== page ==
Extracting Inflation Expectations from Treasury and TIPS Yield Curves

Update (08/22/2012): I have posted a similar but simplified method for calculating the breakeven rate here.

What level of inflation do market participants expect over the next 5, 10, or even 30 years?   There are many methods of varying complexity that investors and policymakers use to estimate the level of expected inflation, but one relatively straightforward method is to examine the “breakeven” inflation rate which is the difference in interest rates between Treasuries and TIPS.  This method has the advantage of being determined by market prices, so it reflects the views of investors who have money on the line.

A simple example illustrating the 5-year breakeven inflation rate is shown here:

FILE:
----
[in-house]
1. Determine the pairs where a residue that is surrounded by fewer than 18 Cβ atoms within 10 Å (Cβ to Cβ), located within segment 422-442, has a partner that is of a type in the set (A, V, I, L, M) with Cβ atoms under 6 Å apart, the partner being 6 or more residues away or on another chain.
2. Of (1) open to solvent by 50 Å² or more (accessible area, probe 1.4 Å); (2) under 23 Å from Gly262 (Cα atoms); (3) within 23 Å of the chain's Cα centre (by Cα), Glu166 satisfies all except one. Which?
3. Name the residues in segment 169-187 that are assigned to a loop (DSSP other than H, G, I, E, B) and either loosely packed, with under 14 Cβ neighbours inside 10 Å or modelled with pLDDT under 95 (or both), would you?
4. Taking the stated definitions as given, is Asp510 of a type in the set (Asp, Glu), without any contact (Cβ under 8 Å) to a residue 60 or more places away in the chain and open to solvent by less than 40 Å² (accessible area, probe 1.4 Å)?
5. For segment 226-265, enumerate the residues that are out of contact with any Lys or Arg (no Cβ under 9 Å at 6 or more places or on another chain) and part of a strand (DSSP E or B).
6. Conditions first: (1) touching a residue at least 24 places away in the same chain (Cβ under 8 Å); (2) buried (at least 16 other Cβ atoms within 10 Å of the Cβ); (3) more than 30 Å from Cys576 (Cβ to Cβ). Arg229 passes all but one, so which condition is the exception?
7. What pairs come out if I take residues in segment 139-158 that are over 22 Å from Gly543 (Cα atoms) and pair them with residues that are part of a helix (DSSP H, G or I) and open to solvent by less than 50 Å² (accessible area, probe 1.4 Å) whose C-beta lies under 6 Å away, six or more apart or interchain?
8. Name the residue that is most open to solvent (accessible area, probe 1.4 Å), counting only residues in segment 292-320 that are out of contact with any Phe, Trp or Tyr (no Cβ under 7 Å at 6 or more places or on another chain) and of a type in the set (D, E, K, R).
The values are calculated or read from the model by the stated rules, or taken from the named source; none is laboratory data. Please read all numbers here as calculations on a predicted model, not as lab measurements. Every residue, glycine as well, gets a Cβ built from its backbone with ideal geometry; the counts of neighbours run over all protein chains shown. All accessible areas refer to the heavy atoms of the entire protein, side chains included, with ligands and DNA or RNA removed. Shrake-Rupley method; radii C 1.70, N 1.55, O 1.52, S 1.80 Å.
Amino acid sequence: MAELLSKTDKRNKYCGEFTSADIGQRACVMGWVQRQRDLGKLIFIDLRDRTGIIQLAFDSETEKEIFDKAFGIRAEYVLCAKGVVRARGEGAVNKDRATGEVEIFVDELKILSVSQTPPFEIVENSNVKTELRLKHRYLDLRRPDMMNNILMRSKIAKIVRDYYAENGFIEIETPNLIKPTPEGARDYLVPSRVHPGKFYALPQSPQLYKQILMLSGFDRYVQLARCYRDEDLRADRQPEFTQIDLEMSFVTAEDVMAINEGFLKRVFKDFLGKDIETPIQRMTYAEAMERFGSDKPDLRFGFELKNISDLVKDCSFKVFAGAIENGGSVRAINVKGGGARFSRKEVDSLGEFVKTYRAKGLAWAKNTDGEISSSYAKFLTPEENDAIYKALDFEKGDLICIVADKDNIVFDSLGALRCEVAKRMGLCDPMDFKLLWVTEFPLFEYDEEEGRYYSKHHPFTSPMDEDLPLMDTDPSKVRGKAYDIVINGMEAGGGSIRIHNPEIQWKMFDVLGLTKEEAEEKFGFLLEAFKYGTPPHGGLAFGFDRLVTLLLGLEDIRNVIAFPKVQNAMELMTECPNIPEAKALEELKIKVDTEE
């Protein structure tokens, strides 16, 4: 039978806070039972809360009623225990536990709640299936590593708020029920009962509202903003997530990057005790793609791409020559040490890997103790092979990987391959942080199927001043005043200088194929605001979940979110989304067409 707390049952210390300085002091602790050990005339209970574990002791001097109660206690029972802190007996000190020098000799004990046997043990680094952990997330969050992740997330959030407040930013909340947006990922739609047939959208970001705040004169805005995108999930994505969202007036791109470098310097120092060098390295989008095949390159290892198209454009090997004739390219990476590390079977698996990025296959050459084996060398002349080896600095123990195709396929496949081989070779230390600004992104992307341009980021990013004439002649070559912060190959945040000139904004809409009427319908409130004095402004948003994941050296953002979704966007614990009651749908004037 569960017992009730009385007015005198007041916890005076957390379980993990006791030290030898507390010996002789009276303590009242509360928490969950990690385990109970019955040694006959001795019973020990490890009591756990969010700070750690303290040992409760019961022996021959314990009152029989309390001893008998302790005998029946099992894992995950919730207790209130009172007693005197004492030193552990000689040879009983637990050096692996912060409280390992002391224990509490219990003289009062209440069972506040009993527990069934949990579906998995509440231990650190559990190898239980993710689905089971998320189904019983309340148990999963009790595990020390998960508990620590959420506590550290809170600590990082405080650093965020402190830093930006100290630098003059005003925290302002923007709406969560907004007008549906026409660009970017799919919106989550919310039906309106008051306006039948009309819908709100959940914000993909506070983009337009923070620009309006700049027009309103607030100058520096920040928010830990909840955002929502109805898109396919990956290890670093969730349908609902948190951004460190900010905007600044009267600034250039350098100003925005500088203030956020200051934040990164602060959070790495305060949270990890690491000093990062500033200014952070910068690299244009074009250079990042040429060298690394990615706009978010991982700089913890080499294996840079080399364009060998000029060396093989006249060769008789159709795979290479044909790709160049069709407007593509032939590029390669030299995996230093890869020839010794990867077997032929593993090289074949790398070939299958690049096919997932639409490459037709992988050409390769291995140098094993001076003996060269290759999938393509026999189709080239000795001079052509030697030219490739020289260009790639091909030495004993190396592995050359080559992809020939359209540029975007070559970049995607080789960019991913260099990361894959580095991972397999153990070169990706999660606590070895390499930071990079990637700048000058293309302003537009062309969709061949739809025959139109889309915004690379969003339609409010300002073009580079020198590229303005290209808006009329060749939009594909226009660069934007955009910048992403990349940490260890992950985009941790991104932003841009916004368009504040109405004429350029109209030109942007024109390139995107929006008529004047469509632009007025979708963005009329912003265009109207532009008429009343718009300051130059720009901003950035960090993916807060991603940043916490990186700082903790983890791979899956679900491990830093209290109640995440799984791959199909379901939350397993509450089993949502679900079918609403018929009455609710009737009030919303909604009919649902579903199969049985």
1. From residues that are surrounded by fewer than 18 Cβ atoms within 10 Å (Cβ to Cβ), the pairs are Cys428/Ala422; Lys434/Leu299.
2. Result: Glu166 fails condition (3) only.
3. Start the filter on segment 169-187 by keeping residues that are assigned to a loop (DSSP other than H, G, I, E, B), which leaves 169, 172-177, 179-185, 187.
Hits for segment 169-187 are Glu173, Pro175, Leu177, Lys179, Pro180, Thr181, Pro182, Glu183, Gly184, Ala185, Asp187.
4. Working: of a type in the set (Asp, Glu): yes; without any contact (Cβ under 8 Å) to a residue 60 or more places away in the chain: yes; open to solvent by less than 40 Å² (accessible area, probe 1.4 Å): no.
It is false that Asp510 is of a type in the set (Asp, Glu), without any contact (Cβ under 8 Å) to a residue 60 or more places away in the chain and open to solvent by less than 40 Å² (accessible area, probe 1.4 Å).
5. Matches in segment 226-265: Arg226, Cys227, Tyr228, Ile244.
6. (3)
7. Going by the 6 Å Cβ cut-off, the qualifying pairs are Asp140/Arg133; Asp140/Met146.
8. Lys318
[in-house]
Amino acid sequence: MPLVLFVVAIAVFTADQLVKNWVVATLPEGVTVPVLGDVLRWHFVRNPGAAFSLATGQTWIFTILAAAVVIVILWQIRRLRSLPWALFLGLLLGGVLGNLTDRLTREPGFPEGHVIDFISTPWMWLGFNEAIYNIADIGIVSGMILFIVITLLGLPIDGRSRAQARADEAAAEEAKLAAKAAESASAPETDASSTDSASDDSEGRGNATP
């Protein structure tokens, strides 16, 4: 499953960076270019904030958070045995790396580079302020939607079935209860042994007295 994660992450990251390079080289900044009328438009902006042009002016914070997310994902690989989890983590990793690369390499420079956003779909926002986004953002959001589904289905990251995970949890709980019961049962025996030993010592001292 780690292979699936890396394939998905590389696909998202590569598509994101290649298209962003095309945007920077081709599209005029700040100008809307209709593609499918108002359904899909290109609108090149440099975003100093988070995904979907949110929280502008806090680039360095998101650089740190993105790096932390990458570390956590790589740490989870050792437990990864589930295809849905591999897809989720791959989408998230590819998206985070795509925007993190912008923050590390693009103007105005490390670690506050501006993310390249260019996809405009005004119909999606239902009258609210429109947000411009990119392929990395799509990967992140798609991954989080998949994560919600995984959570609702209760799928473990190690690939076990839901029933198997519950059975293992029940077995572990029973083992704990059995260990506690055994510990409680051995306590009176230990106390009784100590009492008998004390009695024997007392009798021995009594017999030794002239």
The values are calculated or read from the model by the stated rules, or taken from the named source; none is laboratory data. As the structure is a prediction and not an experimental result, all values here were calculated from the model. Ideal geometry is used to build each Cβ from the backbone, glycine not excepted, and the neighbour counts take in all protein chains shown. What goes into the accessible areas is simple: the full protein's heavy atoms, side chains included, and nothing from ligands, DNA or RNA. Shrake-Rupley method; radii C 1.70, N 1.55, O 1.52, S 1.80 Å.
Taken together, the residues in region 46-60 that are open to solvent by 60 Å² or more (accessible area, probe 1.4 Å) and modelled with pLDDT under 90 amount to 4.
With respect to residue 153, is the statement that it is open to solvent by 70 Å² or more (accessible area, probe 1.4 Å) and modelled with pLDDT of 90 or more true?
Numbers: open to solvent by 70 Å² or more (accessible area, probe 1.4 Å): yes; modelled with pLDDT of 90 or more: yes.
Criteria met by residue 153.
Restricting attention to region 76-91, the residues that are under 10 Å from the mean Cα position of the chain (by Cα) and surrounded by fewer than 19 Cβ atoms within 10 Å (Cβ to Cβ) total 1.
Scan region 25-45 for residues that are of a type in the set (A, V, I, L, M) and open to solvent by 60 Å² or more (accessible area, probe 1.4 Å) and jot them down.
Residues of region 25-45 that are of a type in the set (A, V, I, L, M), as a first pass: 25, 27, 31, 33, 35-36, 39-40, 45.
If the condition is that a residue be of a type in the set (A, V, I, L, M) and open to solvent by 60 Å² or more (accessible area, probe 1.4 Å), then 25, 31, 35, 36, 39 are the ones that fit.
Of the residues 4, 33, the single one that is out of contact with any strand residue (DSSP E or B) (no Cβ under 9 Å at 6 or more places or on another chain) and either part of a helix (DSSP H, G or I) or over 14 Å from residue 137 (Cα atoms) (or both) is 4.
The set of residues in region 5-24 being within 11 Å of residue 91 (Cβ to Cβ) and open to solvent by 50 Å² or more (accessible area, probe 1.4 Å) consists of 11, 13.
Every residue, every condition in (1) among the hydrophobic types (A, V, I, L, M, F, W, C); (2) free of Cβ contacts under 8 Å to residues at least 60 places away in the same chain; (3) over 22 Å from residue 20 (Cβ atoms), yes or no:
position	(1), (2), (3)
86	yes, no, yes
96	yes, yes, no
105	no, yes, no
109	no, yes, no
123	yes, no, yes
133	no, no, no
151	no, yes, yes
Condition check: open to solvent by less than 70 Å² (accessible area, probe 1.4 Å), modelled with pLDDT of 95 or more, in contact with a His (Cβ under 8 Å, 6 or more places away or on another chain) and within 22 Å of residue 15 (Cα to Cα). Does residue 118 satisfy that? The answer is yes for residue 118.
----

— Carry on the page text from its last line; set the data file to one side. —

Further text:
The 5-year breakeven inflation rate is the difference between the 5-Year Treasury Constant Maturity Rate (in this case the most recent rate is 1.95%) and the yield on an inflation protected security with 5-years remaining to maturity (in this case -0.04%).  Therefore, the plot implies investors expect inflation of approximately 2% annually over the next 5 years.  It can also be seen from the graph that the breakeven inflation rate, while not particularly high, has been rising over recent months as the gap between the two series has widened.

Notice that this plot shows a 10-year off-the-run inflation indexed security with 5-years to maturity.  The purpose of using the off-the-run security, rather than the a 5-year on-the-run bond,  is to reduce the distortion in rates caused by the deflation protection aspect of TIPS, although that effect is less of a concern today than it was during the crisis of 2008.